Maintaining stability of urea above melt point

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  • #96496
    mohit
    Participant
      • Participant

      put beaker air tight so when ammonia will vaporise it will create pressure and solution will reach in equilibrium and will be stable

      #96217
      imran-idris
      Participant
        • Participant

        As far as I know Urea chemistry, maintaining molten Urea above its boiling point and not letting the formation of by-products can be achieved by storing molten Urea under positive pressure of Ammonia above its boiling point. In this way you can avoid the formation of Biuret and Ammonia(g) which are favored by low pressure.
        As we know the reaction
        Urea (molten) <=> Biuret + Ammonia
        So according to LeChatlier’s principle, increasing pressure and adding Ammonia above molten urea solution would shift the reaction equilibrium towards left side of the equation hence preventing formation of by products.

        #96190
        Mark Brouwer
        Keymaster
          • Expert

          There are (at least) two reactions taking place at temperatures higher than the melt temperature in the urea melt:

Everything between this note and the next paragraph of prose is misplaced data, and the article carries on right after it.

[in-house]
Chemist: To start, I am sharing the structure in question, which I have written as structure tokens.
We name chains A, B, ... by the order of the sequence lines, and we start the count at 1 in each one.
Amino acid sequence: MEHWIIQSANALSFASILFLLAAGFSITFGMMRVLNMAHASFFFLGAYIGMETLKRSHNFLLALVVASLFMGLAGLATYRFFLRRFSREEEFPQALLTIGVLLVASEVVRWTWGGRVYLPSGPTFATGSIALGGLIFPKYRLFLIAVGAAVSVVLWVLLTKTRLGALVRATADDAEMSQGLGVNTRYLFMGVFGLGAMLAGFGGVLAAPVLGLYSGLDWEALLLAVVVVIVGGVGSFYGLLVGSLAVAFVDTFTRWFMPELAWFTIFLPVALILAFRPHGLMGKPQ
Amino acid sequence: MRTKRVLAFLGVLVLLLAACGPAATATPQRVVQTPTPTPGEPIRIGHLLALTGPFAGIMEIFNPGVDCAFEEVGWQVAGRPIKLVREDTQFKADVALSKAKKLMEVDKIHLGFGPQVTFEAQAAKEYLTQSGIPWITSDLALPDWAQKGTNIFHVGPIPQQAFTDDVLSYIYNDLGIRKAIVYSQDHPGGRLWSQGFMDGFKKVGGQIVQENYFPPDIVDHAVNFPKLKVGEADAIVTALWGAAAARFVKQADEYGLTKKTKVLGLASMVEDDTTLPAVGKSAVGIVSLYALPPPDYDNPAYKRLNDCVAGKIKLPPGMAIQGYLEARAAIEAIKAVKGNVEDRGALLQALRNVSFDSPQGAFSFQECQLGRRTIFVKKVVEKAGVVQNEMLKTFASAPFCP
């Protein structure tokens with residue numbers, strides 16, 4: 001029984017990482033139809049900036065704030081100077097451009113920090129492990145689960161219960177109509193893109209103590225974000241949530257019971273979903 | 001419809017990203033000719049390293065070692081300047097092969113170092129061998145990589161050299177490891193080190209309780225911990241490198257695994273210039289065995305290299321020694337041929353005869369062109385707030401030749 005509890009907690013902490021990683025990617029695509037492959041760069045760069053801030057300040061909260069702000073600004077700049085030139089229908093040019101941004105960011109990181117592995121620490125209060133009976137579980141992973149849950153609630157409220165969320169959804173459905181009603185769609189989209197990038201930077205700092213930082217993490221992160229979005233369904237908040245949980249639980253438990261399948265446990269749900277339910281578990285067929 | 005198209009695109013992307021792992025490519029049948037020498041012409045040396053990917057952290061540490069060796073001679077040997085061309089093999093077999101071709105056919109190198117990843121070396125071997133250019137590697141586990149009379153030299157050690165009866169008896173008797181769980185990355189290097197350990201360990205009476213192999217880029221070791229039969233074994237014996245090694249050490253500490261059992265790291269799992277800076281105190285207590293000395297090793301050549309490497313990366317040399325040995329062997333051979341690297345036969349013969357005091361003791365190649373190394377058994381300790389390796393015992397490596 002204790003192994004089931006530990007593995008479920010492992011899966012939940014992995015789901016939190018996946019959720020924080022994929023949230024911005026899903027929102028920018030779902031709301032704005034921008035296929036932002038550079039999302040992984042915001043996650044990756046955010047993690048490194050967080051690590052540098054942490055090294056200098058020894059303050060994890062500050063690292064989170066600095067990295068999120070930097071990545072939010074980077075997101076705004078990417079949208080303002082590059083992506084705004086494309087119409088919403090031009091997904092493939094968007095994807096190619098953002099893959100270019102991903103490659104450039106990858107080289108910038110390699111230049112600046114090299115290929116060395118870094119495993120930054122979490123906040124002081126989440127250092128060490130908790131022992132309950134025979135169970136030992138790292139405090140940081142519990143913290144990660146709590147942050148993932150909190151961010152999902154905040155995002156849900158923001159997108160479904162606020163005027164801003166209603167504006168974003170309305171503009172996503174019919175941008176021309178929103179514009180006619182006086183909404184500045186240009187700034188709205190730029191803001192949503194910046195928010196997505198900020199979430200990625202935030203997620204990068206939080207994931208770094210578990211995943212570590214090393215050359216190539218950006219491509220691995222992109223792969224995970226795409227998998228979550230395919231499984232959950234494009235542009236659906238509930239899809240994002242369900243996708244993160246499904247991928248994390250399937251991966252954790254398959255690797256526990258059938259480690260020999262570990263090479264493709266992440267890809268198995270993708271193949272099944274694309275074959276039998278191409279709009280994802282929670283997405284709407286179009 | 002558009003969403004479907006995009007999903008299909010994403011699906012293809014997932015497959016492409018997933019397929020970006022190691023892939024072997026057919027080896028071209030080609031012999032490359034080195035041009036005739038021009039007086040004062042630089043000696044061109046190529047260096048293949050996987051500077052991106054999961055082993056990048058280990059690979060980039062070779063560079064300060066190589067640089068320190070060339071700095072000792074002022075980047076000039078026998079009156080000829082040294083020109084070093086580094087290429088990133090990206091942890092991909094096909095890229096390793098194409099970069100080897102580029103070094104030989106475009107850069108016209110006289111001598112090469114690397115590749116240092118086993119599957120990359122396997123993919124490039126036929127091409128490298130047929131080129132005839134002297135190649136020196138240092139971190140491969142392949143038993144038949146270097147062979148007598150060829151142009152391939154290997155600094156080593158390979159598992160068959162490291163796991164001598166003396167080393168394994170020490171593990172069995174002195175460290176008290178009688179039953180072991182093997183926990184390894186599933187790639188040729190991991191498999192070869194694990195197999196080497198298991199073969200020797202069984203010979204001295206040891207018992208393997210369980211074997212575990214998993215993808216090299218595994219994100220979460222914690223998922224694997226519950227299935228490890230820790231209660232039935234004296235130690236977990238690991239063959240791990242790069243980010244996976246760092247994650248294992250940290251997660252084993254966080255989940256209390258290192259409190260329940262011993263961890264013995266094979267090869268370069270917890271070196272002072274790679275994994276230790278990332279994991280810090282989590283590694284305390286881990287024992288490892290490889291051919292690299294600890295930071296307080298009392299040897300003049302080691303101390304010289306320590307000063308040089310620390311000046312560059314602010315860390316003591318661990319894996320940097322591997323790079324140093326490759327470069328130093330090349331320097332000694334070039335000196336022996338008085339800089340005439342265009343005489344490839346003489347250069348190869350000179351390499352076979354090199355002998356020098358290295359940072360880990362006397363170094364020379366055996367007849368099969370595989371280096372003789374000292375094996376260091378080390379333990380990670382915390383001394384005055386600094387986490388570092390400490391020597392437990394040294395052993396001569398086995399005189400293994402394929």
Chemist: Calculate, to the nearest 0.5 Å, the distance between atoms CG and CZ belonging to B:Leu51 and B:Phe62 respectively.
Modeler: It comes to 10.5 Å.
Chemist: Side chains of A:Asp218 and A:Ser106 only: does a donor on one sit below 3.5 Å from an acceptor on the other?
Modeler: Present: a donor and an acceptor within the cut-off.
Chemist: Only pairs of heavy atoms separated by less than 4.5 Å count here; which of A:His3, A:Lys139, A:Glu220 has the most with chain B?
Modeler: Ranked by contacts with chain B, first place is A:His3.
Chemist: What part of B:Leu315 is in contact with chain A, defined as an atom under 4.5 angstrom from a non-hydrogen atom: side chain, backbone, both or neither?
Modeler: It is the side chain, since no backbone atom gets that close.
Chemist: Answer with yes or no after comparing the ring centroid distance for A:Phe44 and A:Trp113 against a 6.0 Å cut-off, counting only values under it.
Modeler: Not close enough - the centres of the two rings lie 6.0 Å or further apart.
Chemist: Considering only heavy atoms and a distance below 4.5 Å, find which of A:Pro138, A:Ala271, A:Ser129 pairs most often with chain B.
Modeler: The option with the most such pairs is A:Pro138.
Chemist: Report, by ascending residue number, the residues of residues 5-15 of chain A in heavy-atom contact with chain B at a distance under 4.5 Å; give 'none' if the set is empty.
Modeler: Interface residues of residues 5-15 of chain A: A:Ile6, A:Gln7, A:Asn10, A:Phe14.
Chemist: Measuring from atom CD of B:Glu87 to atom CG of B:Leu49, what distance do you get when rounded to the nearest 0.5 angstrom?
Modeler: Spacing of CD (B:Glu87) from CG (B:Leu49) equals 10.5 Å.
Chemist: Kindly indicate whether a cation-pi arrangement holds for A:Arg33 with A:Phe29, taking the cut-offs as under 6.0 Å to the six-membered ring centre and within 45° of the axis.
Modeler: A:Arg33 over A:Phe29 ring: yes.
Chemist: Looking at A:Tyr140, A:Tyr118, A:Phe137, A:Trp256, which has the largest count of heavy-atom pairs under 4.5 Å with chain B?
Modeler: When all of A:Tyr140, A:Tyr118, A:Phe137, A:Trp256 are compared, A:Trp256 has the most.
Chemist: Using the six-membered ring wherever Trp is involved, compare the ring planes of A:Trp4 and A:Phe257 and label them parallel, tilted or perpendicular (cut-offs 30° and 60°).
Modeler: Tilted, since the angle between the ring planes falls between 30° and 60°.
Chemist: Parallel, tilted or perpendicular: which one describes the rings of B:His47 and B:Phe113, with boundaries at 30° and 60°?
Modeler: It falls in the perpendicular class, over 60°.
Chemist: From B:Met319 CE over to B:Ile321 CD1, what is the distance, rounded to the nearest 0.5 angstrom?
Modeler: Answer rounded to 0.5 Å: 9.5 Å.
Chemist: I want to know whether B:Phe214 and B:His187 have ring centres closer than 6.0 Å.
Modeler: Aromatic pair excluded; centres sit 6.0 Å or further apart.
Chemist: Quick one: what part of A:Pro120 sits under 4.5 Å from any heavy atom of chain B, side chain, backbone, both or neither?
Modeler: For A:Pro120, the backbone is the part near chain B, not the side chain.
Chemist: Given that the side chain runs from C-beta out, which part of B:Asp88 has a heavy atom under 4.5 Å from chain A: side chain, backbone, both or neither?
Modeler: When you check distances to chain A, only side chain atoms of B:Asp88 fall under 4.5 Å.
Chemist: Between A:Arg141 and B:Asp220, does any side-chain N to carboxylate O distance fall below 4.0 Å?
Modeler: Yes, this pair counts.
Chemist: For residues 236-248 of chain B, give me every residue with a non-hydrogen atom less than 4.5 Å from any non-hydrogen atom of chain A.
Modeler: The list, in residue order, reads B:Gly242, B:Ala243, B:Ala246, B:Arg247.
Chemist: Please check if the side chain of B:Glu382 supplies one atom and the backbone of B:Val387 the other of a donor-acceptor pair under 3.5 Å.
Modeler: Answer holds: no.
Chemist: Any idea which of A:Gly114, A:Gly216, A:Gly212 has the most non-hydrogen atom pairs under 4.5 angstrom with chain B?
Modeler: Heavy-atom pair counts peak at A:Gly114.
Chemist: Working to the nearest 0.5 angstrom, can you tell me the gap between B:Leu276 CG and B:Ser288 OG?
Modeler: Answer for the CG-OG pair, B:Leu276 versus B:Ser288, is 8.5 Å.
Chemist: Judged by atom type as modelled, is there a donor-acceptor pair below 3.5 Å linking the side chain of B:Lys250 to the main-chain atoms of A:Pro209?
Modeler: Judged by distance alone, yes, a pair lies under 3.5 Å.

2 urea <=> NH3 + Biuret

          and

          urea <=> NH3 + HNCO

          When knowing what happens if one introduces an acid in the urea melt, the following topic might be of interest:
          https://www.ureaknowhow.com/urea_j/en/round-table/viewtopic.php?p=1463#p1463

          #92554
          drost1
          Participant
            • Participant

            Hello,
            I am working with urea slightly above its melting point (~140-145C). I need to maintain it in liquid phase for prolonged periods (4-8 hours) until used in my process. What recommendations does anyone have to maintain the urea, so as to minimize formation of other compounds (ammonia, biuret, etc.). I can potentially add anything needed, such as acids, alkalis, other materials. Not a urea expert, but looking for some guidelines. Also, any ideas as to what happens to urea when mixed with polyethylene glycol above the urea melt point. I see a temperature rise, and some gassing from my beaker. Thank you.

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